incircle(mytriangle, Point(1.9, 1.9)) # -> -1, i.e. outside
incircle(mytriangle, Point(1.2, 1.2)) # -> +1, i.e. inside
incircle(mytriangle, Point(1.5, 1.5)) # -> 0, i.e. point is exactly on circle
```

There is one more possibility. If the circle defined by our primitive has infinite radius then it is impossible to tell whether the point is inside or outside:

```
a = Point(1.1, 1.1)
b = Point(1.2, 1.2)
c = Point(1.3, 1.3)
mytriangle = Primitive(a, b, c)
incircle(mytriangle, Point(1.3, 1.4)) # -> +2, i.e. cannot tell
```

`intriangle`

is a popular name to test whether a point lies inside of the primitive:

```
a = Point(1.1, 1.1)
b = Point(1.5, 1.1)
c = Point(1.1, 1.5)
mytriangle = Primitive(a, b, c)
intriangle(mytriangle, Point(1.2, 1.2)) # -> +1, i.e. inside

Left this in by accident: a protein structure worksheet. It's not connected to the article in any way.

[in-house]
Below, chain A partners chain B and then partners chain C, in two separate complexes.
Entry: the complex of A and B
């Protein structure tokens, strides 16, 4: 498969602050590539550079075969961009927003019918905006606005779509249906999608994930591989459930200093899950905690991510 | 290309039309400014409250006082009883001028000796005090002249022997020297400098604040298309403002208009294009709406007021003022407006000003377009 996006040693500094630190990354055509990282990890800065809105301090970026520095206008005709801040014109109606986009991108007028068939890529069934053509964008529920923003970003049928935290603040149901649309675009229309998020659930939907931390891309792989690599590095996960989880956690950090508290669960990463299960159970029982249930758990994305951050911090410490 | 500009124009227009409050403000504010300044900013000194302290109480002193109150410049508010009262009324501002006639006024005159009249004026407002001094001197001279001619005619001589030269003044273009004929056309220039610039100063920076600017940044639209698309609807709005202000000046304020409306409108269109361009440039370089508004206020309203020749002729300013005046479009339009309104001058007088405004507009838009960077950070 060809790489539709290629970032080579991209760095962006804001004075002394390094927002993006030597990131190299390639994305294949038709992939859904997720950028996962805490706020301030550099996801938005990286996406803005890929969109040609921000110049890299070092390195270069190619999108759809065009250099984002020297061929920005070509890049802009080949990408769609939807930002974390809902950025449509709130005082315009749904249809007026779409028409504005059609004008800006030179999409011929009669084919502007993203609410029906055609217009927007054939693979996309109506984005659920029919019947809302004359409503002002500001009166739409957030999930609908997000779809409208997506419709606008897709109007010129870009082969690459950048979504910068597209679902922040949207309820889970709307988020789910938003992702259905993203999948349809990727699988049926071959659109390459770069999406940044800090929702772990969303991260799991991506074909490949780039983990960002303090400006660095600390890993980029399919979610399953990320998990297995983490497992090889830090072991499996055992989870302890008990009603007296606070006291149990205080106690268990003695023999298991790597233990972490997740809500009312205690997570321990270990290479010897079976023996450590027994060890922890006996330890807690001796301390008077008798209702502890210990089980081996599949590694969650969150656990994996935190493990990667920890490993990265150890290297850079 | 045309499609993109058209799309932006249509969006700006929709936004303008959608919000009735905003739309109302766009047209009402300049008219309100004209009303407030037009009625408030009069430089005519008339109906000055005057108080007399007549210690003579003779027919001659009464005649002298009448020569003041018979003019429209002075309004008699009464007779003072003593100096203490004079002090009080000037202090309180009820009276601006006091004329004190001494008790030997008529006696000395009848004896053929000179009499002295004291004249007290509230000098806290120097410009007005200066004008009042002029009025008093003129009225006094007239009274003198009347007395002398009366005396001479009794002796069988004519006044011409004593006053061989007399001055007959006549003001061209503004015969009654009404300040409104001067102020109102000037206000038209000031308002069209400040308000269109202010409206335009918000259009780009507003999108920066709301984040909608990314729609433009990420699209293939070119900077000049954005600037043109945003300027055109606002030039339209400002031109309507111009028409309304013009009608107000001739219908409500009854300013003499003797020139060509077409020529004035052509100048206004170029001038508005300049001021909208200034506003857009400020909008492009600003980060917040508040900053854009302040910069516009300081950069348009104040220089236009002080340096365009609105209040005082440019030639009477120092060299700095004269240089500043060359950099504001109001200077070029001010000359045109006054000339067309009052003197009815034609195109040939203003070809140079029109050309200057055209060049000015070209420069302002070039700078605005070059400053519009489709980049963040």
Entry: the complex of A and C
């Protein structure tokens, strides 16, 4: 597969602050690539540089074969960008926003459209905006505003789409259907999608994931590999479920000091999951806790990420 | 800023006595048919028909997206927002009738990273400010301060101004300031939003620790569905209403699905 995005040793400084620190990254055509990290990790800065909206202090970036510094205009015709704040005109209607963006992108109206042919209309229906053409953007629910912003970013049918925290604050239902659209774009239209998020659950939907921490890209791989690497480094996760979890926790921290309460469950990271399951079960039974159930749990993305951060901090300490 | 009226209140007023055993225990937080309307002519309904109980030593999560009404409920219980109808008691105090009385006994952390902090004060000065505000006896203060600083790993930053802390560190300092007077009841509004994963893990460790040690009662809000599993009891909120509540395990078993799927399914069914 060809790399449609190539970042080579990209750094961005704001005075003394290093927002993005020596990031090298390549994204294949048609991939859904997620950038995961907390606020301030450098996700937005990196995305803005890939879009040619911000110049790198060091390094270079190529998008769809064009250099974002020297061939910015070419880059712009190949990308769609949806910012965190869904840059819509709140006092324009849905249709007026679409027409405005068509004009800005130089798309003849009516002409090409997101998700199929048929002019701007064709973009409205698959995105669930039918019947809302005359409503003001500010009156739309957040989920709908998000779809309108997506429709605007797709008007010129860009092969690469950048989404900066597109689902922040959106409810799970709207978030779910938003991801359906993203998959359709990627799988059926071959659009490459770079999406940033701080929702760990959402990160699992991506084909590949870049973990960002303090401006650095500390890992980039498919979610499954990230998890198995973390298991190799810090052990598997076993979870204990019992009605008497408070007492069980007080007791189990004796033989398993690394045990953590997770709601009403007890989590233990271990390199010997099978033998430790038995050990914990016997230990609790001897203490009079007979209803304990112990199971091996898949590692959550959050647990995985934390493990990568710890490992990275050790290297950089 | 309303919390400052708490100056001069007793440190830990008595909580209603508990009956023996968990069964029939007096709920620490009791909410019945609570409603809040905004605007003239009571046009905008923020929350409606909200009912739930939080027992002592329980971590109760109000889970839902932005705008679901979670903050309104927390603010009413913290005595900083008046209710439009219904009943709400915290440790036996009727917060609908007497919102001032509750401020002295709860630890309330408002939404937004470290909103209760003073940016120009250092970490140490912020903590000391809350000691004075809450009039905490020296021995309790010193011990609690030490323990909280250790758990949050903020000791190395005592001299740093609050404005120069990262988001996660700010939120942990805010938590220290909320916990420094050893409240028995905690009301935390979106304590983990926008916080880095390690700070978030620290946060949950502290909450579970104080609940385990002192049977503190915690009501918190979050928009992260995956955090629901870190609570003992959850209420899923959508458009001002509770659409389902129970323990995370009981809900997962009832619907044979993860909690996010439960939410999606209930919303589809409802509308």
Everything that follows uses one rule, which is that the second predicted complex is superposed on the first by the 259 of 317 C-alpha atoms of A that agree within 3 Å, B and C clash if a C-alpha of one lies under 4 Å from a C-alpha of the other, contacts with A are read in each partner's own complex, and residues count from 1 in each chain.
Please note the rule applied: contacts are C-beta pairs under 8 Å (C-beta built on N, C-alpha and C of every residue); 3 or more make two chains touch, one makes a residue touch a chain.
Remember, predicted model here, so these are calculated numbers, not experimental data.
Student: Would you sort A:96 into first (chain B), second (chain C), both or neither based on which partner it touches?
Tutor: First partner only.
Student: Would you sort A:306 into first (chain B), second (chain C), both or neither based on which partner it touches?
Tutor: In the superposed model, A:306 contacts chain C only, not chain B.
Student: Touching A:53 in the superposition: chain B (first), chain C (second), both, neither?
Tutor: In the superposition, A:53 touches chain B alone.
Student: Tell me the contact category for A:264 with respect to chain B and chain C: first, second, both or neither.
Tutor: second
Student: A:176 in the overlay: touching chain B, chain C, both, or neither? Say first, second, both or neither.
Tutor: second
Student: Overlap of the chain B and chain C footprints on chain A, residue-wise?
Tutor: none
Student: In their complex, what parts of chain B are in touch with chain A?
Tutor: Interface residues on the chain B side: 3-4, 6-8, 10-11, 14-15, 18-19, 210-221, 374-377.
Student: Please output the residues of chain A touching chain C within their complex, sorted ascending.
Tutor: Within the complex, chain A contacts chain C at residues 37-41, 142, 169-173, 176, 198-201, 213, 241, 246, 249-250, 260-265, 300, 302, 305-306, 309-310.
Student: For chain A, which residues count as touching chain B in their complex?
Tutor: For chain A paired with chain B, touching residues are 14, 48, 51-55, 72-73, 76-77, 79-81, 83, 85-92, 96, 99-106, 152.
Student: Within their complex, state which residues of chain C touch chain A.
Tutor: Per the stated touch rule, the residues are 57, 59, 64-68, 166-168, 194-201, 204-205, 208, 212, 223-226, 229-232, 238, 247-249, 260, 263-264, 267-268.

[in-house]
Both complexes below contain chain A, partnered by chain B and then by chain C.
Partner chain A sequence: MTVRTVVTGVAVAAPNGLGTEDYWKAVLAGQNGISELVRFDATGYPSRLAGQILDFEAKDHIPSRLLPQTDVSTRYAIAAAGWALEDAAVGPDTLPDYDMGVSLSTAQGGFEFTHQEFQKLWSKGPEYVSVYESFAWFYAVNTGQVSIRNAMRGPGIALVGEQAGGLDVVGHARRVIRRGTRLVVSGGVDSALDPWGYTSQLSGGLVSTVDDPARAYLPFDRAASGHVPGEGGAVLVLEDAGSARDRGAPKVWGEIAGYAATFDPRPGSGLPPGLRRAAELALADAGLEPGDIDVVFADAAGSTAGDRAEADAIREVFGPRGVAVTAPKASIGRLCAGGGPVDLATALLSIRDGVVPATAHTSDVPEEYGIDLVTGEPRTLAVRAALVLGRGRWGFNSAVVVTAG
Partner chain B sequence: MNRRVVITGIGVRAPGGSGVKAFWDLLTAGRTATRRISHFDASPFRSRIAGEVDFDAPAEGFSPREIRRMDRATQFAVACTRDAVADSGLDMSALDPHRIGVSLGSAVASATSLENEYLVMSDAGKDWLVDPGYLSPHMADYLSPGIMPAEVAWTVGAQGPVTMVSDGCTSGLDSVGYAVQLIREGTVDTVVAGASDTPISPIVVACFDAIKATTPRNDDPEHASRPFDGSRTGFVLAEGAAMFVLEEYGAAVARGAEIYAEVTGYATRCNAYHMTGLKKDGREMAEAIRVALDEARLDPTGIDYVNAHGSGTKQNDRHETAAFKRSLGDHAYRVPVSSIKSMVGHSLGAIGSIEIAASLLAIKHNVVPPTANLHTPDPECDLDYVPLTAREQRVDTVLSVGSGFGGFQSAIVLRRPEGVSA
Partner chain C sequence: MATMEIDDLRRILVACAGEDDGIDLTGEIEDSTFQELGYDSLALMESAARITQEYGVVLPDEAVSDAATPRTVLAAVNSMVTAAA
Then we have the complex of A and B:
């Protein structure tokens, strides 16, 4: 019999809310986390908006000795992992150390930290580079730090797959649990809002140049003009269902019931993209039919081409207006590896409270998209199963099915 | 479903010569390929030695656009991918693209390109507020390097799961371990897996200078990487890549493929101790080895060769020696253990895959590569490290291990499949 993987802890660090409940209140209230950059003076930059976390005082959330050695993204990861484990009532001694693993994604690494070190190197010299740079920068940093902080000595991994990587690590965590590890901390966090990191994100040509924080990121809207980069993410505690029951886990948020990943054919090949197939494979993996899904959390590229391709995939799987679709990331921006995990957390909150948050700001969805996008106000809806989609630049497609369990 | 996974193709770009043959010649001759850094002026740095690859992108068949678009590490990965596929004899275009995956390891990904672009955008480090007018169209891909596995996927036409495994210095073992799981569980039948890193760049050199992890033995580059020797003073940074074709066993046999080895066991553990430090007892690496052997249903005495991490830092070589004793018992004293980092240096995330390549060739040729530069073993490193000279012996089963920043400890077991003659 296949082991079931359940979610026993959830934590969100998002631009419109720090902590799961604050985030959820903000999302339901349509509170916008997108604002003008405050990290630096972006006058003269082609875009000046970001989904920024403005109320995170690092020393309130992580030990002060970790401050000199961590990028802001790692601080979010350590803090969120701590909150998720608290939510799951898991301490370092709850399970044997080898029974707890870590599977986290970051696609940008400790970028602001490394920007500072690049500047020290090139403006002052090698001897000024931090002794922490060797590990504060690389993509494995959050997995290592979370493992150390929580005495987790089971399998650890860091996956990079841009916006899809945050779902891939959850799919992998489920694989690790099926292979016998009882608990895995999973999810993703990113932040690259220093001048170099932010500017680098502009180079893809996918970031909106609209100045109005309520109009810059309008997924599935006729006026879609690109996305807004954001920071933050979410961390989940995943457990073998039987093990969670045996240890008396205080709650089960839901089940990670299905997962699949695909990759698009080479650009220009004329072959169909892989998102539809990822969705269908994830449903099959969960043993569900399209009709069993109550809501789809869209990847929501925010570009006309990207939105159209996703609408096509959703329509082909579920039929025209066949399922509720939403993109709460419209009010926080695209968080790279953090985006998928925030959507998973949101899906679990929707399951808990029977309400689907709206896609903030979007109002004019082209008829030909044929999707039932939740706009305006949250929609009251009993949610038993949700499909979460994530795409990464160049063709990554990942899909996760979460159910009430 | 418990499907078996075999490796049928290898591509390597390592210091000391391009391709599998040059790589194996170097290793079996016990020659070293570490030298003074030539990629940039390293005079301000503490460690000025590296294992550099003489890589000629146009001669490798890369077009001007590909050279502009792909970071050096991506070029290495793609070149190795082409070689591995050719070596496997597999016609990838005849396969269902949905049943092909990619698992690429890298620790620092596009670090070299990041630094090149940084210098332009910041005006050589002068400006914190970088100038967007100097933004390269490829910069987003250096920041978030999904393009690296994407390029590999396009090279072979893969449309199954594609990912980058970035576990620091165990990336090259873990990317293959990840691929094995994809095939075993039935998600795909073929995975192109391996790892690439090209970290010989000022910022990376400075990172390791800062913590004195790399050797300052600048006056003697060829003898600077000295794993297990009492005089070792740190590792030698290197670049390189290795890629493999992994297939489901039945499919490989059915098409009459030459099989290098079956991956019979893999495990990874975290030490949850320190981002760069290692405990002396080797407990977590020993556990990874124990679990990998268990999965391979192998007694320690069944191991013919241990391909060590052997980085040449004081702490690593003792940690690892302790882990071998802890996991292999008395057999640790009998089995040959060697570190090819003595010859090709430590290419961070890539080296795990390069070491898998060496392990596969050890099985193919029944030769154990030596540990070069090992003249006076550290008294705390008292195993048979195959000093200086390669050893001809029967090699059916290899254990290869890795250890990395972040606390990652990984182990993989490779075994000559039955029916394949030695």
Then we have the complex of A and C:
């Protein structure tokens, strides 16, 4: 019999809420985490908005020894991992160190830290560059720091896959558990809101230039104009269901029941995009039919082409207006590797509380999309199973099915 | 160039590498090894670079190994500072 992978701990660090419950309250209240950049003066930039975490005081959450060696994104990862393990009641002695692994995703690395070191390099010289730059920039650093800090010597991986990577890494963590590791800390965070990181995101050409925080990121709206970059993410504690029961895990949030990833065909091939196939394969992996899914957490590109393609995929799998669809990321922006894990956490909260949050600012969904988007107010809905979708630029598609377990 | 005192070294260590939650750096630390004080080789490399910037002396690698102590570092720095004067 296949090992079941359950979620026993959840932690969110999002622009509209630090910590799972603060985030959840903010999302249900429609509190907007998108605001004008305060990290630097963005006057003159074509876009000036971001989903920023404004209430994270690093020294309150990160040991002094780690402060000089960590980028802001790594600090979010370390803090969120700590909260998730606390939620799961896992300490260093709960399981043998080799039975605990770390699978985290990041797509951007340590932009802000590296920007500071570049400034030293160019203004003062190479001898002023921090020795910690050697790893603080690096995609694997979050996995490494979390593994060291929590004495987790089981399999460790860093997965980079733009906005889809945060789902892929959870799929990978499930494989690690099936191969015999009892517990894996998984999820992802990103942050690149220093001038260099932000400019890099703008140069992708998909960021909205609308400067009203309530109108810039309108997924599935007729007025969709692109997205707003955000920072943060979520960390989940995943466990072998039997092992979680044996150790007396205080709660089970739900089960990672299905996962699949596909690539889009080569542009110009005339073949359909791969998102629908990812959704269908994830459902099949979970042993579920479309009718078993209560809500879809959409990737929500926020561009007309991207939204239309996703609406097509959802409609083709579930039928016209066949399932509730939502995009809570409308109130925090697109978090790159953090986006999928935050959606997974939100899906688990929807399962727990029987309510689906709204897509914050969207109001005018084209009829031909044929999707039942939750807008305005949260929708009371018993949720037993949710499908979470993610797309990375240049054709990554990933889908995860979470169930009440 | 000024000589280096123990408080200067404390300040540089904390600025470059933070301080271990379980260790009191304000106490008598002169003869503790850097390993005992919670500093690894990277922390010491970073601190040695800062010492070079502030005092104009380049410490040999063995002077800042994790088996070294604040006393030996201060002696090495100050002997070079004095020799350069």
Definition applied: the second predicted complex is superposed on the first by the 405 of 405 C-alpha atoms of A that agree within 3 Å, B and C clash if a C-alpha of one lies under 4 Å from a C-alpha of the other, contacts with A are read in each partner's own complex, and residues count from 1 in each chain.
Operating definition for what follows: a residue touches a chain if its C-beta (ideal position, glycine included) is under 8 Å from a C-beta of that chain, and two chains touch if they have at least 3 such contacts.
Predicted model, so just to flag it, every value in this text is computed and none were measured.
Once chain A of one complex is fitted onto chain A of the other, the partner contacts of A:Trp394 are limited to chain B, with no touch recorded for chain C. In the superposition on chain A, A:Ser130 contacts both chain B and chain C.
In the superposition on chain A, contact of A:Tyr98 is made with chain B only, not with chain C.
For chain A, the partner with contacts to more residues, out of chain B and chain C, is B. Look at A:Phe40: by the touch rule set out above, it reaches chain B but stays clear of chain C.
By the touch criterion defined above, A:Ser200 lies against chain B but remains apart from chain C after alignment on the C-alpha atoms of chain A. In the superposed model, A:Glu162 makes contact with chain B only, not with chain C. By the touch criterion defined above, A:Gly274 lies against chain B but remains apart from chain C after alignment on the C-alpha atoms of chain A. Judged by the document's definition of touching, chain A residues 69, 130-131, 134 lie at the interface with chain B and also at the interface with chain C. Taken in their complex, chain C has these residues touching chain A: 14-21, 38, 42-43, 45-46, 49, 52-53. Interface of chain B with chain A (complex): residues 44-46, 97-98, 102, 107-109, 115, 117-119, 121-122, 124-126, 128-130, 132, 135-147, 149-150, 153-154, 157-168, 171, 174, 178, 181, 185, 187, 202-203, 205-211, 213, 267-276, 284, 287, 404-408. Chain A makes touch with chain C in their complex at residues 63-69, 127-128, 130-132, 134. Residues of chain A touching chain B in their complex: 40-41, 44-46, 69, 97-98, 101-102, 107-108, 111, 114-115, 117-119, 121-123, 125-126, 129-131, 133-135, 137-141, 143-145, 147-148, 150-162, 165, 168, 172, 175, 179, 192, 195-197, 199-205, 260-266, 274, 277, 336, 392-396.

intriangle(mytriangle, Point(1.6, 1.6)) # -> -1, i.e. outside
intriangle(mytriangle, Point(1.3, 1.1)) # -> 4, i.e. exactly on ab
intriangle(mytriangle, Point(1.1, 1.3)) # -> 3, i.e. exactly on ac
intriangle(mytriangle, Point(1.3, 1.3)) # -> 2, i.e. exactly on bc
```

Here any negative number means outside. The exact value gives some information regarding the direction in which the point lies outside:

`-1`

means the test point is in front of a, and outside of the triangle`-2`

means the test point is in front of b, and outside of the triangle`-3`

means the test point is in front of c, and outside of the triangle same goes for tetrahedrons. Note that the point could be both in front of a and b. In cases as this one is arbitrarily chosen, all in name of performance.